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12/18/17, 06:33 AM

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Author Topic: Mountain guide death leads to Exum fine  (Read 688 times)
freeski
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Mountain guide death leads to Exum fine
« on: 11/30/17, 10:33 PM »

Below is an excerpt from an article which "underscores an emerging awareness" towards occupational hazards associated with commercial users of our public land and the need for holding accountable those who violate safe practice standards.

The need for Safe practice standards is not an easy thing convey to a bunch of skiers who think  the mountain environment is the problem when a commercial user or client is injured or dies.


In my industry as a carpenter it would be like blaming the roof if someone was injured in a fall.


http://www.wyofile.com/mountain-guide-death-leads-exum-fine/

"The investigation underscores an emerging awareness among businesses in the recreation and outdoors industry that they are subject to rules seeking to ensure safety — even in unconventional workplaces like ski resorts and wilderness areas. In recent years Wyoming OSHA has investigated the death of an ecology field worker slain and eaten by a bear or bears, a ski patroller killed in an avalanche and another patroller who died in a fall."
« Last Edit: 11/30/17, 10:37 PM by freeski » Logged

two sets of principles. They are the principles of power and privilege and the principles of truth and justice. If you pursue truth and justice it will always mean a diminution of power and privilege. If you pursue power and privilege, it will always be at the expense of truth and justice
C Hedges
Randy
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Re: Mountain guide death leads to Exum fine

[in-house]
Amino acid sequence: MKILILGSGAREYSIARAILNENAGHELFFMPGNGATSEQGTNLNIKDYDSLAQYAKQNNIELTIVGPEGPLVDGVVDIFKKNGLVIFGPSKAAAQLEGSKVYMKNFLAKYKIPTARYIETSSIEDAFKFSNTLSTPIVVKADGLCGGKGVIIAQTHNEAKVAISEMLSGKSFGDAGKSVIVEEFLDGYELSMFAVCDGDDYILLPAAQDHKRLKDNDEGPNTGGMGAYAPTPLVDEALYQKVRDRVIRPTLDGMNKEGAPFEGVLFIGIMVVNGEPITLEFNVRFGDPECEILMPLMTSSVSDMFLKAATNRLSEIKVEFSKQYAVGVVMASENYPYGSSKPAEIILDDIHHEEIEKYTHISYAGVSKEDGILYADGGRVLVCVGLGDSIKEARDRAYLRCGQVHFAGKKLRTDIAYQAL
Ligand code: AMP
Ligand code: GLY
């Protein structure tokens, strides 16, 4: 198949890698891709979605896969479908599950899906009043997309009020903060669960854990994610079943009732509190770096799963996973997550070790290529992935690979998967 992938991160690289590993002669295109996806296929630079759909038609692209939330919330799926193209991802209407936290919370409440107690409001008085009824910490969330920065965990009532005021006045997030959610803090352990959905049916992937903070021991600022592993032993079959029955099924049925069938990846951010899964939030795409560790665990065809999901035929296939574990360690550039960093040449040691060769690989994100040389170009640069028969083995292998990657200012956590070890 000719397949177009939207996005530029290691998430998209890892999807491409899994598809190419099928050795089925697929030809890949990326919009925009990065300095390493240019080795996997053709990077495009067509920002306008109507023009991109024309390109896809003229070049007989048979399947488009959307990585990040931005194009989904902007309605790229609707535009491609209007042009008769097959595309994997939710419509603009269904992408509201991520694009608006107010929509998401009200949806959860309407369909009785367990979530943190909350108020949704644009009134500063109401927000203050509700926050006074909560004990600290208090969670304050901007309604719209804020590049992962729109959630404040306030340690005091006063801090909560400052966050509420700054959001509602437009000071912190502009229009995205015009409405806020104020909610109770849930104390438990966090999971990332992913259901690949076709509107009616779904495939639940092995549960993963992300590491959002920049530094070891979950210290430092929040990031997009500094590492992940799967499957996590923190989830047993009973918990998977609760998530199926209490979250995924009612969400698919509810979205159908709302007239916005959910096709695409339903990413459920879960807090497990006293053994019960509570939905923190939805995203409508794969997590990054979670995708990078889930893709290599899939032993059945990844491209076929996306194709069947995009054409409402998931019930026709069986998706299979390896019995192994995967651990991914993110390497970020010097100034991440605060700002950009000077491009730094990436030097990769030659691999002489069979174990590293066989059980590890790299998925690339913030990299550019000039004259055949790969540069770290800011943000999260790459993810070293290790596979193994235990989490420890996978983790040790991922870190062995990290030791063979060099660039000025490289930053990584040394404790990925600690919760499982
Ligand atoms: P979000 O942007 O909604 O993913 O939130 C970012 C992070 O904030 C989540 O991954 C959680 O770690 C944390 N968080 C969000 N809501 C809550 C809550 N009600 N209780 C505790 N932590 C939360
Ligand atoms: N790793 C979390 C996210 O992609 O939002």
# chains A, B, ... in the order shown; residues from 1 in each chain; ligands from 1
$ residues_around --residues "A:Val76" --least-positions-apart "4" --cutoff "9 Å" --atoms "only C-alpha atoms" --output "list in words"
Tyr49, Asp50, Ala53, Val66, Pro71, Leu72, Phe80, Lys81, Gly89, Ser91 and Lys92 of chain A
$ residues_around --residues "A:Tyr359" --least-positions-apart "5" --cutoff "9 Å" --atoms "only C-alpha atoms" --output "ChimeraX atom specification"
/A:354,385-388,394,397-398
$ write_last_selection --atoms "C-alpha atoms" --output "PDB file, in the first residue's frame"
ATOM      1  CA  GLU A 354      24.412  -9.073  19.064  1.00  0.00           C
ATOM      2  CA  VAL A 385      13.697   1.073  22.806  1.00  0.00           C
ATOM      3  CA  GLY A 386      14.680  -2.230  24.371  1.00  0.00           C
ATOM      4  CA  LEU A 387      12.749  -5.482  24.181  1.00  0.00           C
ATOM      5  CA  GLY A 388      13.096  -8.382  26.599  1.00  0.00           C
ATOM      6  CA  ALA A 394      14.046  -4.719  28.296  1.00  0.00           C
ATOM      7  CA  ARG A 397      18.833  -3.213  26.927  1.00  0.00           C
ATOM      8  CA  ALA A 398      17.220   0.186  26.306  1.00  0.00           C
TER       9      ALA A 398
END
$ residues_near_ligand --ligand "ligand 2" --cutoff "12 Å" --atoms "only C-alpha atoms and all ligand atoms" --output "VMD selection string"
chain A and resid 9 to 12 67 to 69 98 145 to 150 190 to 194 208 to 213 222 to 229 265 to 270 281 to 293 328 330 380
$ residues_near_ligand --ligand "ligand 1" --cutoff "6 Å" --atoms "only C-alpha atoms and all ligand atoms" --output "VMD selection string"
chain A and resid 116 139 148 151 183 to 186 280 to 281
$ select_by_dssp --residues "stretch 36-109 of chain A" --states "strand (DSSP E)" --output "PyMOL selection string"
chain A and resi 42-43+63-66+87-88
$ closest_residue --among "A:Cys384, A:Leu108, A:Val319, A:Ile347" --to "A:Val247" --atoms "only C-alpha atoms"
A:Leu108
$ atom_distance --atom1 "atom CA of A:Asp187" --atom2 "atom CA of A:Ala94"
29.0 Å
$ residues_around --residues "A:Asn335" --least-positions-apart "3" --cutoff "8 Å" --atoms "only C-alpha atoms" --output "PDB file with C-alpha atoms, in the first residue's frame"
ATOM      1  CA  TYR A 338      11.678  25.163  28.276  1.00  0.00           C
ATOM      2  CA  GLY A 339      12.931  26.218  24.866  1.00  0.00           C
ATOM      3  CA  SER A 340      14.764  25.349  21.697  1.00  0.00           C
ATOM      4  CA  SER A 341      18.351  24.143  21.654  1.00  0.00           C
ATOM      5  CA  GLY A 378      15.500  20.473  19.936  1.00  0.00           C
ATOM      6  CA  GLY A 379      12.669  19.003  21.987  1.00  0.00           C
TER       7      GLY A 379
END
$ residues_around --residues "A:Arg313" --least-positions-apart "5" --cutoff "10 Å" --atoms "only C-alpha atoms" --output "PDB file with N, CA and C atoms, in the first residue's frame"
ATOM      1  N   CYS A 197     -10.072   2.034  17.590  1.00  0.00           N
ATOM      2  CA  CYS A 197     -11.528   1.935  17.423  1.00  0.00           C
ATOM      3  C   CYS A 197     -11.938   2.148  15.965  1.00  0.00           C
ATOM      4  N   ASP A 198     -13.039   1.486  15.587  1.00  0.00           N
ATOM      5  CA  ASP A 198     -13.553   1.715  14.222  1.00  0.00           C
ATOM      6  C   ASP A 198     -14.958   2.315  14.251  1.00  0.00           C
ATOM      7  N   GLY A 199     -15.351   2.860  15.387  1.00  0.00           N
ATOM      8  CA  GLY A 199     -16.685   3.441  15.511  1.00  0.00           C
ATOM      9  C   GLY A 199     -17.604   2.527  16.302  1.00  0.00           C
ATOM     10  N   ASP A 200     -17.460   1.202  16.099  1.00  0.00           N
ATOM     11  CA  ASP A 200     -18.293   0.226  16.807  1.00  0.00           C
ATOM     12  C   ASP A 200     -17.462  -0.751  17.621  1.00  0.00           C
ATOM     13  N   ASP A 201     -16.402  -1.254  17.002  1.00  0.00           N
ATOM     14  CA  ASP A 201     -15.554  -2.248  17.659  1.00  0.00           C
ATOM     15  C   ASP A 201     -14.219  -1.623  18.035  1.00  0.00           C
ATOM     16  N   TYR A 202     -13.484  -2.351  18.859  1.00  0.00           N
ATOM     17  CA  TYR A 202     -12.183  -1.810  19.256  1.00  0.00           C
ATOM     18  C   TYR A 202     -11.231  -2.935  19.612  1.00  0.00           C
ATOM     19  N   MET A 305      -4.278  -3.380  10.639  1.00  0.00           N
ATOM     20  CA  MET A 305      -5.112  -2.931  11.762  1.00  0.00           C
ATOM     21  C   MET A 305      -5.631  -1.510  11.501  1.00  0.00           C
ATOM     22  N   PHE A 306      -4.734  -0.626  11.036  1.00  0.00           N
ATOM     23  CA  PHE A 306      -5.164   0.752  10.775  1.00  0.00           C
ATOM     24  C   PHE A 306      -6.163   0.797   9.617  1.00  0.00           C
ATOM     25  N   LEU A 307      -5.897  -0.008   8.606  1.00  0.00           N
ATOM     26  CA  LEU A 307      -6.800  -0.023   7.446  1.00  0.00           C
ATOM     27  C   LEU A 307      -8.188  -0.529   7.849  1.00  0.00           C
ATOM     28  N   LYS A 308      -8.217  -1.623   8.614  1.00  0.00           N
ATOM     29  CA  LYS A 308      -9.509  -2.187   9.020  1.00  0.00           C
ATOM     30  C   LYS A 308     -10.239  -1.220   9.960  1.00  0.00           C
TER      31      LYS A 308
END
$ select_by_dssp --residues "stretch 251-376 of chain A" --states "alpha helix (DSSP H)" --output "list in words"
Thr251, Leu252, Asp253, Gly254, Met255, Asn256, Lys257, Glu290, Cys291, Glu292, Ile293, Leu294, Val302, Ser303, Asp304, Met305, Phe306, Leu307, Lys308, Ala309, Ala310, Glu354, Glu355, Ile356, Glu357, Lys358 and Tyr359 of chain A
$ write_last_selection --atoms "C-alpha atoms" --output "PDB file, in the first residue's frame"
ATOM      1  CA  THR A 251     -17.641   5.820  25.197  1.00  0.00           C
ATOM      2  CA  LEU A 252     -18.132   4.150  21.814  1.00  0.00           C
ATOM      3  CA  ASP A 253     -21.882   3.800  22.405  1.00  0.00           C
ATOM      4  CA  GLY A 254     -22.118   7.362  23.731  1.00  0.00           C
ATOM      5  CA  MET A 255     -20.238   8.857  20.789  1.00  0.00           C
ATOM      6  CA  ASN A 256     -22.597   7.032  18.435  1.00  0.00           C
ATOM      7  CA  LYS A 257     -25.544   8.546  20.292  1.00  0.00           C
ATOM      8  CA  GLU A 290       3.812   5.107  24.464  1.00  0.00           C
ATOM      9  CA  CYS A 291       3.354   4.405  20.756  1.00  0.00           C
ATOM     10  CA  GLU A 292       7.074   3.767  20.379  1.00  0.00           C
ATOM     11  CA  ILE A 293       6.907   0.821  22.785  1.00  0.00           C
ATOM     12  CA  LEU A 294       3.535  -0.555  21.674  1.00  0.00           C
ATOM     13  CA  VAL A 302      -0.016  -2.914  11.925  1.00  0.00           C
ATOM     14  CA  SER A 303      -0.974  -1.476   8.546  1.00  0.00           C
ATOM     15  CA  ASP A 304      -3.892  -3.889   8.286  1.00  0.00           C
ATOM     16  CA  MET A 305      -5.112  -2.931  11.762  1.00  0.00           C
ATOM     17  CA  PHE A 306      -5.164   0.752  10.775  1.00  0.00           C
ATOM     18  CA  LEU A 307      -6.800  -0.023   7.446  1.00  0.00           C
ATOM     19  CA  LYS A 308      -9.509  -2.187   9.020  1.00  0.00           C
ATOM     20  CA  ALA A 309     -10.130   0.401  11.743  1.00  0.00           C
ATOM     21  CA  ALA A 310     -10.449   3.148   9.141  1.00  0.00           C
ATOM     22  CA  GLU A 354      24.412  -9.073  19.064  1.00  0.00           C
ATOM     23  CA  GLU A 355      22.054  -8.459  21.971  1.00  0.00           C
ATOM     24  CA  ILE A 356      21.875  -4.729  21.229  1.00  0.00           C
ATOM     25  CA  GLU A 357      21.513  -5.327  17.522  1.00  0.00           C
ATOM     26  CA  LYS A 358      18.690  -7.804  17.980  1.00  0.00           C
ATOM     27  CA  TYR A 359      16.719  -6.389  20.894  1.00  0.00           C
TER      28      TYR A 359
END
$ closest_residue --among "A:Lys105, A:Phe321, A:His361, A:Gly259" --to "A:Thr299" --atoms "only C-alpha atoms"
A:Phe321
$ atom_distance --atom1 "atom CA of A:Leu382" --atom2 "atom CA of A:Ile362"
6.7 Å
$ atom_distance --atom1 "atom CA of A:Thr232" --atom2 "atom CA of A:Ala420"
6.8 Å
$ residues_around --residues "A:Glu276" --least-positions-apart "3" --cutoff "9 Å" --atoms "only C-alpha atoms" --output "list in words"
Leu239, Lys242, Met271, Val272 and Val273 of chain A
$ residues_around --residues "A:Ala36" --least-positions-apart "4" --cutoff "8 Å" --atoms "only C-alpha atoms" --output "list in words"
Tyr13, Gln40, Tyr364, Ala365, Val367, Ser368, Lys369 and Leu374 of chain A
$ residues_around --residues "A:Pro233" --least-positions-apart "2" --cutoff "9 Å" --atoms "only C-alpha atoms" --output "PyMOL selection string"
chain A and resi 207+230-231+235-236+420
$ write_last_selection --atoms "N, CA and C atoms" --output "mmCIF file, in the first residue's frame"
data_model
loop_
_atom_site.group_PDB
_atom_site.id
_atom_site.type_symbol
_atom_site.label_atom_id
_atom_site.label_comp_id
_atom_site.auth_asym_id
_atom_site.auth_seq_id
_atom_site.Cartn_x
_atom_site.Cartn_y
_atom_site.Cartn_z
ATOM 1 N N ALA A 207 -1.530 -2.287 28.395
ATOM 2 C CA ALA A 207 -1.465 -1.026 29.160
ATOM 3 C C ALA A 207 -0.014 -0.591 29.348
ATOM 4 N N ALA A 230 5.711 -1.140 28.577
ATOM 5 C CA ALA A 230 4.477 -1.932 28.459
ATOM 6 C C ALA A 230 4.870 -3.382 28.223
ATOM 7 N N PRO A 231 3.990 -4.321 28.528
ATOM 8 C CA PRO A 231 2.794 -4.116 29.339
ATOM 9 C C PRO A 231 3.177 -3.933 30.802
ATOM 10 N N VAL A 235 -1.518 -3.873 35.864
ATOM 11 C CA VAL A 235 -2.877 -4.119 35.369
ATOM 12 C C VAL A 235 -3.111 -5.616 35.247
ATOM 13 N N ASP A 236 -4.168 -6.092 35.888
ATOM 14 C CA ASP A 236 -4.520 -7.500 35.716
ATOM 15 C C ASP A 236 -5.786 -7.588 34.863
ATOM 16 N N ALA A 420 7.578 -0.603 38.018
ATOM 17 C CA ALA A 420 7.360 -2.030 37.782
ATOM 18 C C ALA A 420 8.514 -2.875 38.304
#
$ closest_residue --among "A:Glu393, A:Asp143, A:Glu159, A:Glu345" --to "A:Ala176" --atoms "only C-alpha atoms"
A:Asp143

« Reply #1 on: 11/30/17, 10:59 PM »

...
In my industry as a carpenter it would be like blaming the roof if someone was injured in a fall.
...

A friend of mine is director of safety for a construction firm.    After he developed and implemented a safety education program that changed the safety culture and practices in the company their injury rate reduced 90% over a two year period.
The program was started when the company owner felt too burdened by attending funerals and visiting injured workers in the hospital.  He figured it was worth it even if it cut into profits. 

What happened suprised the owner,  the company's payments into the workers compensation system were reduced dramatically, morale and retention improved markedly and productivity improved.

When a carpenter falls off a roof and is injured -- it's because a fall protection system was not being used.   Depending on a worker to never slip is a recipe for injury and death.
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freeski
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Re: Mountain guide death leads to Exum fine
« Reply #2 on: 12/03/17, 12:02 PM »

A friend of mine urged me to read the coments sections for this  Exum guide article and lo and behold this appeared...

"Paul Butler   FEBRUARY 21, 2017 AT 8:13 PM #
Dealing with a worker safety agency can sometimes lead down a black hole of nightmarish bureaucracy, an experience that is likely the antithesis to what a mountain guide generally offers. Hopefully that isn’t the case here for the employer.